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THE KING, by                    
First Line: O sham, who sittest boldly on the throne
Last Line: "its tardy homage and all cry, ""the king!"
Subject(s): Caesar, Julius (100-44 B.c.); Courts & Courtiers; Crowns; Mansions; Royal Court Life; Royalty; Kings; Queens

O SHAM, who sittest boldly on the throne,
There's someone passing at the palace gate,
Who smiles, and whispers his dread word of fate,—
The real king to thee and thine unknown.
And he is passing through the world of men,
Pays tribute to the Cæsar bearing rule,
Walks in the market place, sees many a fool,
"Not yet" keeps saying, and is strong again;
Distinguishes what seems so from what is,
My manly man with that clear soul of his;
And through them all, illumined from afar
He starlike moves, himself led by a star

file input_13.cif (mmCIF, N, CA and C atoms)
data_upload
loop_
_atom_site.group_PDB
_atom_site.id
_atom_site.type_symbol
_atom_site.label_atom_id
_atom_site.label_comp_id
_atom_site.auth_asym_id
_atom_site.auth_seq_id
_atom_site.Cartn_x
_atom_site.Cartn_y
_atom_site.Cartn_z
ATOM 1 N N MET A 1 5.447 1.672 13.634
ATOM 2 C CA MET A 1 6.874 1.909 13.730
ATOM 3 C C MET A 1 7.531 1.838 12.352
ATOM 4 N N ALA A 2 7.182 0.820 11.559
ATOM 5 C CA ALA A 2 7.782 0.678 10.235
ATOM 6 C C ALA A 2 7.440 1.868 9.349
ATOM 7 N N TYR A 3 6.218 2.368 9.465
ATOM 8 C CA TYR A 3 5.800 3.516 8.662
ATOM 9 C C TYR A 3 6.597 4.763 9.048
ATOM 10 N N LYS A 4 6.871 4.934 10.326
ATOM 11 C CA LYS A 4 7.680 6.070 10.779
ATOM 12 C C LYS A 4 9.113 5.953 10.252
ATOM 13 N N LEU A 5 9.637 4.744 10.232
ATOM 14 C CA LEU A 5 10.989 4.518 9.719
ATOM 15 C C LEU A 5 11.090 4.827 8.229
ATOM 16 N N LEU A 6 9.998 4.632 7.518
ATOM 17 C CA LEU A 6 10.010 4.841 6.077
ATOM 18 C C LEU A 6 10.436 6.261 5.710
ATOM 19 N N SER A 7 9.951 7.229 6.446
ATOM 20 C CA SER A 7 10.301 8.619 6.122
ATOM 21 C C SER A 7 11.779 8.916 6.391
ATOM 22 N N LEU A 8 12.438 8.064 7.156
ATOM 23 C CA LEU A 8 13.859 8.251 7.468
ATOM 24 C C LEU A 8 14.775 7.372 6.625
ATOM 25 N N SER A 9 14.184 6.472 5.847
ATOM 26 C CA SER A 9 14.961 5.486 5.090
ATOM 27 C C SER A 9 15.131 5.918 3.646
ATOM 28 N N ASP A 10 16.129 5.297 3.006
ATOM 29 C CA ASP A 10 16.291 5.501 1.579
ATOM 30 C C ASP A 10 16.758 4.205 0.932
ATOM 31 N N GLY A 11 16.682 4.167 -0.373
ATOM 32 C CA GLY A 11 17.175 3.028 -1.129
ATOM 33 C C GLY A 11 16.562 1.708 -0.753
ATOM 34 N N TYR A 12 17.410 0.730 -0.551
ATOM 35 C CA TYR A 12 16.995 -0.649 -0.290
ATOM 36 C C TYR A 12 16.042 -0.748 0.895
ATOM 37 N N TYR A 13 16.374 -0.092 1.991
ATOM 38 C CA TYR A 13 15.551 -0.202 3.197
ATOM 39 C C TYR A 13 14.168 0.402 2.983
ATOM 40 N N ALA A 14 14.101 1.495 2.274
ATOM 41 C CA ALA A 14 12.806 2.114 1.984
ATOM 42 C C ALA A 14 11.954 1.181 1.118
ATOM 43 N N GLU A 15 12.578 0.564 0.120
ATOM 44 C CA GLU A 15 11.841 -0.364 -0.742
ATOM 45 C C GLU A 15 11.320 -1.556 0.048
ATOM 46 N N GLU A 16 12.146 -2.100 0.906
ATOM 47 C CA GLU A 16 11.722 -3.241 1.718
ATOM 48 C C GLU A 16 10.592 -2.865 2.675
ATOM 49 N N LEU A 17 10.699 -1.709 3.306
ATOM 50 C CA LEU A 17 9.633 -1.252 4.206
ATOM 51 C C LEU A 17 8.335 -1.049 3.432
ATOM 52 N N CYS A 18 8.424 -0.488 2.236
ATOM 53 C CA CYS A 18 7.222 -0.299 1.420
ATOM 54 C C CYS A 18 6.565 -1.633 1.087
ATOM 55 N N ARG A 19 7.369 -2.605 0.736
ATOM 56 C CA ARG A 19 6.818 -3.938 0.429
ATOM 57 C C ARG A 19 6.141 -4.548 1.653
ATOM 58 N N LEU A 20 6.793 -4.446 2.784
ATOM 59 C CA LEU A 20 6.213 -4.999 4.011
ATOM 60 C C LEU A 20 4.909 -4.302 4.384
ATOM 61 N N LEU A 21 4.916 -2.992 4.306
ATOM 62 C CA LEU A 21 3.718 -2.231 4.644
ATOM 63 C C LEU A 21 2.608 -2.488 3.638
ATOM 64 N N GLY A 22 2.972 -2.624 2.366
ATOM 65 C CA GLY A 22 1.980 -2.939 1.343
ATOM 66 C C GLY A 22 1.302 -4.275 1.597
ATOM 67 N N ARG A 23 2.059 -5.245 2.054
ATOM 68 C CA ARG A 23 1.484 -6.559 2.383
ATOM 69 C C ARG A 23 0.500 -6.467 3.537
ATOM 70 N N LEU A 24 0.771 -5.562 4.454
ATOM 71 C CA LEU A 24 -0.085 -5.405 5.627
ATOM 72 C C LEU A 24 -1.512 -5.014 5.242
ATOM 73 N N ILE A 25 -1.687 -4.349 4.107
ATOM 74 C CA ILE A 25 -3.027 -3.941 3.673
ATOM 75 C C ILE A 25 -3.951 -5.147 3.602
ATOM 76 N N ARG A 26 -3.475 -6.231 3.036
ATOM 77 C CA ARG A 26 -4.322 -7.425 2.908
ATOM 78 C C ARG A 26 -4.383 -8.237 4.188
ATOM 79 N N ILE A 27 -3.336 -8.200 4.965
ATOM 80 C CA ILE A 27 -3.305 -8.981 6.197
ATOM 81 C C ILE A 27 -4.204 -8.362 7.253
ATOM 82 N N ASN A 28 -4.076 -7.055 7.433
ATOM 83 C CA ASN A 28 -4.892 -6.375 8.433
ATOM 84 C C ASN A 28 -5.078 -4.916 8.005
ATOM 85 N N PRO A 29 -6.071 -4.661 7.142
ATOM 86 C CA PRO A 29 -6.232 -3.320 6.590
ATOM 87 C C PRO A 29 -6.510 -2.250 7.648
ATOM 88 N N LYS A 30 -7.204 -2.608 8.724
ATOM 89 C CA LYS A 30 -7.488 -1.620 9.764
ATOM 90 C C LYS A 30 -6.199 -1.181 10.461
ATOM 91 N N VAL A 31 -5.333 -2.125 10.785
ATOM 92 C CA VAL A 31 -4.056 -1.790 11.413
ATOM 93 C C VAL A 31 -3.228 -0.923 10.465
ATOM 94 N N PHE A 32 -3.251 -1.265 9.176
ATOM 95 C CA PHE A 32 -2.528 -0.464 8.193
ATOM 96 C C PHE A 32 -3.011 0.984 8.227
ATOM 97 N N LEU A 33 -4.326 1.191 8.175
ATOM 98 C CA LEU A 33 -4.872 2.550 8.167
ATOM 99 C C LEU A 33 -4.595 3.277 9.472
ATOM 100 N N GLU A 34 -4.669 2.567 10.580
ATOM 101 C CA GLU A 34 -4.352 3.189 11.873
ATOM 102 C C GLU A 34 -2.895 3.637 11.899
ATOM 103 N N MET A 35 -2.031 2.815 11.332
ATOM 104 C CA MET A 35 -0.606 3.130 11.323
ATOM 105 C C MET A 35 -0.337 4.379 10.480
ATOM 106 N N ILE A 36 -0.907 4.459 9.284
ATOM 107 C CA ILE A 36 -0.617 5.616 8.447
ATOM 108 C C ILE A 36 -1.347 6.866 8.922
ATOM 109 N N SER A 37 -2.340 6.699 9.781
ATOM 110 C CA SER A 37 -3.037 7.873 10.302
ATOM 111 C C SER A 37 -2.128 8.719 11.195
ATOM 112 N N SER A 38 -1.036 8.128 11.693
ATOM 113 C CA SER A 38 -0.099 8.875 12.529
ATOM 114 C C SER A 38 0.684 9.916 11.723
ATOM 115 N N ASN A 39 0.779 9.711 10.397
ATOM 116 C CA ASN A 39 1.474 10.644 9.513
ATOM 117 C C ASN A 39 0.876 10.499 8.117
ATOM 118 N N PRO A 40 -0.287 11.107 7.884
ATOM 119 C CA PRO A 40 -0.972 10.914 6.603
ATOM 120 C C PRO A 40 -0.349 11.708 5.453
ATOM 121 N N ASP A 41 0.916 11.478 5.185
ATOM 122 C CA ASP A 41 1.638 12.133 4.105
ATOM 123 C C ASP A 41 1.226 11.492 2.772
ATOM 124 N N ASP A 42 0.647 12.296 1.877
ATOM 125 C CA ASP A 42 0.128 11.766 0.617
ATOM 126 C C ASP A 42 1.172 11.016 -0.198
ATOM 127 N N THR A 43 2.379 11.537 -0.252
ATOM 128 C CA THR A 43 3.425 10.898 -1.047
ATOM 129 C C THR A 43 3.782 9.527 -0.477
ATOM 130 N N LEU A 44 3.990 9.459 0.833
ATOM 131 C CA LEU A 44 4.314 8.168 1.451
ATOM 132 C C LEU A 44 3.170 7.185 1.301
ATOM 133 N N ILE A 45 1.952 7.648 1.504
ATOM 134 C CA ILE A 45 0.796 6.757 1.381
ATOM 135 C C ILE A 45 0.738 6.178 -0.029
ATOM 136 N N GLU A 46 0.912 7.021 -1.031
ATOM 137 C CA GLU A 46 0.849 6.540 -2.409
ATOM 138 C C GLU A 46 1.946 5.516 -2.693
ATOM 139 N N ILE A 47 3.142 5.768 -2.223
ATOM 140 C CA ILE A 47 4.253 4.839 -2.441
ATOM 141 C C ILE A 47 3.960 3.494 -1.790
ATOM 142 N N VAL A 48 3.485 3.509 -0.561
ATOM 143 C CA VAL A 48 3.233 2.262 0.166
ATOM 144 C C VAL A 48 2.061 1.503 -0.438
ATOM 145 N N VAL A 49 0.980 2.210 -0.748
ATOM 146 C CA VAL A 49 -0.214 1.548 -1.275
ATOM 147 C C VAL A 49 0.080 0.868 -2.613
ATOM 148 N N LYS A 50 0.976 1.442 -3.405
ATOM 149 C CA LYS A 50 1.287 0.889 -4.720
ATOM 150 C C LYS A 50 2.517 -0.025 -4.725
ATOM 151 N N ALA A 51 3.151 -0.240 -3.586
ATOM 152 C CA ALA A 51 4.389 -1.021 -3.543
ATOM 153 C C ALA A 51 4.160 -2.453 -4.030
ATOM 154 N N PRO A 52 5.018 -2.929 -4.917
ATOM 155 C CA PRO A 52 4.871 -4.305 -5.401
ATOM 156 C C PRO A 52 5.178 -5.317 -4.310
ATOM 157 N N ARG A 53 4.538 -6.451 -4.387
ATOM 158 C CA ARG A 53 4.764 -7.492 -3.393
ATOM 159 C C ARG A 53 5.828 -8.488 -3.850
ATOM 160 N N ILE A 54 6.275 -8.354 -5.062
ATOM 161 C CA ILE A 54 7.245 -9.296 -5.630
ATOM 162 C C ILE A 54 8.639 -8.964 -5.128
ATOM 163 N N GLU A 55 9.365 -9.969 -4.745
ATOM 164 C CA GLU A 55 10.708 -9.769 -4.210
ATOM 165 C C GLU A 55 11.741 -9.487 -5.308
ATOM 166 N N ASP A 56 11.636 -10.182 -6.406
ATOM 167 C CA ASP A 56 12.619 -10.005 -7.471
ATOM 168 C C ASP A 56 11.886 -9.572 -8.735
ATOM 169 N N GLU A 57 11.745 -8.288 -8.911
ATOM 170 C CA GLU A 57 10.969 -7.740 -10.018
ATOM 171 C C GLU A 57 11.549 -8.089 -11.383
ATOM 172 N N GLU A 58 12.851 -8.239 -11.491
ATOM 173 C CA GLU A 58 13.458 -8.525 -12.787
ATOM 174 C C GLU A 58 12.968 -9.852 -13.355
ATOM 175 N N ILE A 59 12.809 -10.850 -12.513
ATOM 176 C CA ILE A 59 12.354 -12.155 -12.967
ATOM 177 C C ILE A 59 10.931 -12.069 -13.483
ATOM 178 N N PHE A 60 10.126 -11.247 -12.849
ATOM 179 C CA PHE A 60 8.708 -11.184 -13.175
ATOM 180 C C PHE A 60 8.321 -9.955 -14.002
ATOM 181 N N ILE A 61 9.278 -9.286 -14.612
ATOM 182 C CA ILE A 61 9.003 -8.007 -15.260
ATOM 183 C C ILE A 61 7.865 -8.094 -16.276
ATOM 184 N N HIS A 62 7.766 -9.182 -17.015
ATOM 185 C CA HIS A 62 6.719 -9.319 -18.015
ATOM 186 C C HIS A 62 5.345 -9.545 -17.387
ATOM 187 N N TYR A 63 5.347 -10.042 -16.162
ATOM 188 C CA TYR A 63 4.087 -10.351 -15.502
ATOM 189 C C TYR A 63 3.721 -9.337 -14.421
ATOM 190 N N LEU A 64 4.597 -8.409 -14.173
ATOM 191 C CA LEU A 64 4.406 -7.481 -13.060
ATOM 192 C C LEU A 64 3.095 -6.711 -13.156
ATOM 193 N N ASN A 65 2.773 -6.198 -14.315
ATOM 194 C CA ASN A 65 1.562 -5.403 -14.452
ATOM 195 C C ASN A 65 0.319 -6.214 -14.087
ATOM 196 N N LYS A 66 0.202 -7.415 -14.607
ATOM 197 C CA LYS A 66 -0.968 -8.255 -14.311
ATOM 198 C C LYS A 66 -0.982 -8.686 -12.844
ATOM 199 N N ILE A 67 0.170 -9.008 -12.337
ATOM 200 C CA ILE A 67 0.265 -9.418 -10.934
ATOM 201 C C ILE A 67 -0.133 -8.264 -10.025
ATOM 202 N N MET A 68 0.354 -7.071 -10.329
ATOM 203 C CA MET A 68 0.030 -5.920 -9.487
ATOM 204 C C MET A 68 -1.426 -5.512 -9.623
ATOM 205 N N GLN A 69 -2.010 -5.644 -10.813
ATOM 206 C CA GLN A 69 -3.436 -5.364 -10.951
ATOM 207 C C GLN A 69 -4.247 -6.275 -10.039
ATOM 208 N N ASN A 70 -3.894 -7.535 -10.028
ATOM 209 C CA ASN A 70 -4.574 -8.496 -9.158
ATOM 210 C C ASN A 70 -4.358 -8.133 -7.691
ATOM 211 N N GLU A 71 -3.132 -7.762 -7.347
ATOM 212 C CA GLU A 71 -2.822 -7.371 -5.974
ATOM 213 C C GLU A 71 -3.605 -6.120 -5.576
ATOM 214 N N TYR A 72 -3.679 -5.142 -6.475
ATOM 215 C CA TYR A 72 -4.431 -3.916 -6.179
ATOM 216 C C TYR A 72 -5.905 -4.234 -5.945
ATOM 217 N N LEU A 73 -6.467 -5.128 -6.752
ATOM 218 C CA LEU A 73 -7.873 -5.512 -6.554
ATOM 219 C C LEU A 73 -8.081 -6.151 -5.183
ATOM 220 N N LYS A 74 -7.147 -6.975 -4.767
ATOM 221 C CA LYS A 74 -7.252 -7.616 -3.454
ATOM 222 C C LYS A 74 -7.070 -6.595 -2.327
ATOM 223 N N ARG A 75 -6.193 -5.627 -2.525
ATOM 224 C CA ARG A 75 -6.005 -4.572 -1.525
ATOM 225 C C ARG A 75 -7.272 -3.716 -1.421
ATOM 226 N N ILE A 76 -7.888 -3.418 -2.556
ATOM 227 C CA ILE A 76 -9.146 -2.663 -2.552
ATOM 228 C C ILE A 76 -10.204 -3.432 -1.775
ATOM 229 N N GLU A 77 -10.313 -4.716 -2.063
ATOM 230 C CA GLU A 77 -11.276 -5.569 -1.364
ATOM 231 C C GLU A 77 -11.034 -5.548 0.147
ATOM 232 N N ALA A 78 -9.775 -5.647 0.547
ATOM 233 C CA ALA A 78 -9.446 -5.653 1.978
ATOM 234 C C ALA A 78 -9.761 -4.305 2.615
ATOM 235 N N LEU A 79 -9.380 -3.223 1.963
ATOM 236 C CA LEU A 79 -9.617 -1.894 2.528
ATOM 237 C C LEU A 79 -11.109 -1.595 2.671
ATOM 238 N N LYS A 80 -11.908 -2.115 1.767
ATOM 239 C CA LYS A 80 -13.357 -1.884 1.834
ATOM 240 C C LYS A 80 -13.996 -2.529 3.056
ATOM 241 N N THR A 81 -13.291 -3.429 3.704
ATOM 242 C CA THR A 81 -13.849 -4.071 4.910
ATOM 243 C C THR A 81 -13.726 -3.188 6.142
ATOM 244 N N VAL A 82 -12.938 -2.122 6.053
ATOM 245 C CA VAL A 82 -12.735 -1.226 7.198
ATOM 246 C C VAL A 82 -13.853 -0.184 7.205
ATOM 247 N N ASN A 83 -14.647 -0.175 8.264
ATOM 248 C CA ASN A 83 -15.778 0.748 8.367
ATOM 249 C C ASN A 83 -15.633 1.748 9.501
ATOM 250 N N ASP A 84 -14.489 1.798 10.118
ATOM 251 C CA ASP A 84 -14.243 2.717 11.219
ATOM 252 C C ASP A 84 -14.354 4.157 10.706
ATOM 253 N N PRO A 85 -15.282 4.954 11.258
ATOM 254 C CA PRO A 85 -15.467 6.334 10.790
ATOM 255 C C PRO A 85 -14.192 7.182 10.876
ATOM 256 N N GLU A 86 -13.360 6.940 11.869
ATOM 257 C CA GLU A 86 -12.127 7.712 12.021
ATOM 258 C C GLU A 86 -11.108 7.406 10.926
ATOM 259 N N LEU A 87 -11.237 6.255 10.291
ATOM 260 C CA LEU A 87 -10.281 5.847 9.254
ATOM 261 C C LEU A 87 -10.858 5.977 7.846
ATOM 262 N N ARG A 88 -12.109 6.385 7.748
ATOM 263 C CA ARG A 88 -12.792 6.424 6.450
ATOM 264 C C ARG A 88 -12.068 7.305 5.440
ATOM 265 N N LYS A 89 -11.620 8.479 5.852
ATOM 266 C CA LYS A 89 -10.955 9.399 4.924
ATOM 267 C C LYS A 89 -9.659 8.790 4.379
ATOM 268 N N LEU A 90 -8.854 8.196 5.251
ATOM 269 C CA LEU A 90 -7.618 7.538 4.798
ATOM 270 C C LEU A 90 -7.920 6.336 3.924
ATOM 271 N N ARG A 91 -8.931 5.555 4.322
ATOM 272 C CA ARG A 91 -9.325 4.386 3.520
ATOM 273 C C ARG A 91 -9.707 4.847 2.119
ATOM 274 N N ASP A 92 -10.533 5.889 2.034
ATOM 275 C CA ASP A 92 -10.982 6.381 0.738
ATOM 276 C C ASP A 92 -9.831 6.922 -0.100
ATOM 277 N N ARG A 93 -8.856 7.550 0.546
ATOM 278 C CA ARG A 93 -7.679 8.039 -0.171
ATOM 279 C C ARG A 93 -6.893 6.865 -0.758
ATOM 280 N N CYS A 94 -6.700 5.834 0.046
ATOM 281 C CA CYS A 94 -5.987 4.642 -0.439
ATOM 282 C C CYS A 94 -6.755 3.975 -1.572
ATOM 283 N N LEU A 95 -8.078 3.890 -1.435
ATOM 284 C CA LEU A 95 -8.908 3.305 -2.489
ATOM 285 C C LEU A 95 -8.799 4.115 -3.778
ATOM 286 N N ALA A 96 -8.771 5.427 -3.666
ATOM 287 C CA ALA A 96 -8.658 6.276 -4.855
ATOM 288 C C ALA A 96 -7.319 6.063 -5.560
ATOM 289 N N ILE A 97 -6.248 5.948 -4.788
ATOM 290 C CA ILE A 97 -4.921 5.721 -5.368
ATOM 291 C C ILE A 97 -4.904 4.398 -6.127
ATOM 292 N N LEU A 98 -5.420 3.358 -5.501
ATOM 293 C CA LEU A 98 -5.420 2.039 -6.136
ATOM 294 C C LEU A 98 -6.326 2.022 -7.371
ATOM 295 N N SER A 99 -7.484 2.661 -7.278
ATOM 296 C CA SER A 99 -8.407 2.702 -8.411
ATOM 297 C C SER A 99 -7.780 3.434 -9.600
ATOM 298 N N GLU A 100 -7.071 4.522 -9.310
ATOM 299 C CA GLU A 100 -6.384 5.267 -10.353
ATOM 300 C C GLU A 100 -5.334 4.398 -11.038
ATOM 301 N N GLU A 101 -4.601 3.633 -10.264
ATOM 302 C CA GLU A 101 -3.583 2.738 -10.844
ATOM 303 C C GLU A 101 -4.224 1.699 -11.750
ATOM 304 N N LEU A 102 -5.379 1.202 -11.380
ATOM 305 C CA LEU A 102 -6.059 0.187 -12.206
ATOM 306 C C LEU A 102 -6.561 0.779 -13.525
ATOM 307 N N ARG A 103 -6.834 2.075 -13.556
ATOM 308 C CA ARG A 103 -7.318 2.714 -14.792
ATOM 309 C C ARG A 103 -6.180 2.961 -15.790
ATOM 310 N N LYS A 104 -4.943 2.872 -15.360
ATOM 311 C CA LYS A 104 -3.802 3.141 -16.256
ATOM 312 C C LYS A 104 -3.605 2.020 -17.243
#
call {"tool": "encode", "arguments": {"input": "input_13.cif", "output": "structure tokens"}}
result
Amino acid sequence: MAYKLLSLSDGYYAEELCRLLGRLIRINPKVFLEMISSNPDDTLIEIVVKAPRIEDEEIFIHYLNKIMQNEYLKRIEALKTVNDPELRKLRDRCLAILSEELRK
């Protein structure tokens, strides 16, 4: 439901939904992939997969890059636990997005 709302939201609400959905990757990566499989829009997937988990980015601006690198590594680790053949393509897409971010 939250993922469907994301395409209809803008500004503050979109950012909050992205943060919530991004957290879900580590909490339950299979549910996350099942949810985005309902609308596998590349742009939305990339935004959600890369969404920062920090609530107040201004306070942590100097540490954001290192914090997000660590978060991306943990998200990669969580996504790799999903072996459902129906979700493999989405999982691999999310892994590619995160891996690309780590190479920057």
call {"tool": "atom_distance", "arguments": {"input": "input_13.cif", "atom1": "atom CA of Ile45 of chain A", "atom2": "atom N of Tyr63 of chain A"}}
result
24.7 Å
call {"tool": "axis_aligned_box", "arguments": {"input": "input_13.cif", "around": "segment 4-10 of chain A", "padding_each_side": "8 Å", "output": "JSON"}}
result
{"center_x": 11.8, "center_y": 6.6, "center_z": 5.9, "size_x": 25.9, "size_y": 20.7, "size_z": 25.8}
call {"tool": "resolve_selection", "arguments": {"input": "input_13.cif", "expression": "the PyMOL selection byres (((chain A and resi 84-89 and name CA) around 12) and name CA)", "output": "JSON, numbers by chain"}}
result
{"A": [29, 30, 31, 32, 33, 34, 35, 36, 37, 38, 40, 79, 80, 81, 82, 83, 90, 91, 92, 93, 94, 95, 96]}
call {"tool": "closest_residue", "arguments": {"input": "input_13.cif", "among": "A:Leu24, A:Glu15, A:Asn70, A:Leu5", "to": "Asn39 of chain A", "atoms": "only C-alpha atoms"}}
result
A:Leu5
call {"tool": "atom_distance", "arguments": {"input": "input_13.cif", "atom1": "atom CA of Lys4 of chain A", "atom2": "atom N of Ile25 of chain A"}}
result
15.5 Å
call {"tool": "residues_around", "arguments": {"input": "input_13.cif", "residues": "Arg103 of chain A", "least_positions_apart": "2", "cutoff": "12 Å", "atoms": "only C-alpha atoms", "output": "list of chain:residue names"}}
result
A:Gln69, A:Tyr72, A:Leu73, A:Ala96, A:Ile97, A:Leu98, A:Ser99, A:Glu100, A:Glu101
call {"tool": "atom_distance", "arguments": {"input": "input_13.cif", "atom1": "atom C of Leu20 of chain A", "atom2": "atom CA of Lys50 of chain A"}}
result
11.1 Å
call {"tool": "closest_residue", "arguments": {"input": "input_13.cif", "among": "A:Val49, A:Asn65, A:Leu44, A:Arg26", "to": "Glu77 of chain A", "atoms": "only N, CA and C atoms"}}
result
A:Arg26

Which no earthborn ambition can unsphere;
Believes what should be will be; never dreams
The end is failure; knows—whatever seems—
He knows what light shines yonder; can endure
All else should perish—his ideal is sure.
And that means triumph; shows that he can hear,
And see, and feel, with finer sense than most,—
Hear music from the far-off crystal coast
As of some victory—faint, but never lost;
And so by right, which none may steal or borrow,
Sustain to-day with strength drawn from tomorrow.
And shall we know him as we see him pass?
Some may; the multitude will not, alas!
Such gentleness and such simplicity;
No fuss, no noise, no label; but 't is he.
I think there may be thorn wounds on his brow;
Perhaps there will be nail prints in his hands;
The world bestows these things, nor understands;
Some hold them signs of failure even now.
And yet 't is he; his triumph most assured
Who stands for truth and right and has endured;
Been tempted and endured; made sacrifice
For noble ends, nor stooped to compromise,
Nor turned, but gone straightforward as did seem
The living creatures in the prophet's dream,
Straightforward always, and endured; I say
The way thus walked in is life's Sacred Way,
And it is he; for, when the light shall grow,
And all the bugles of the morning blow,
Oh, then the disillusioned world will bring
Its tardy homage and all cry, "The King!"

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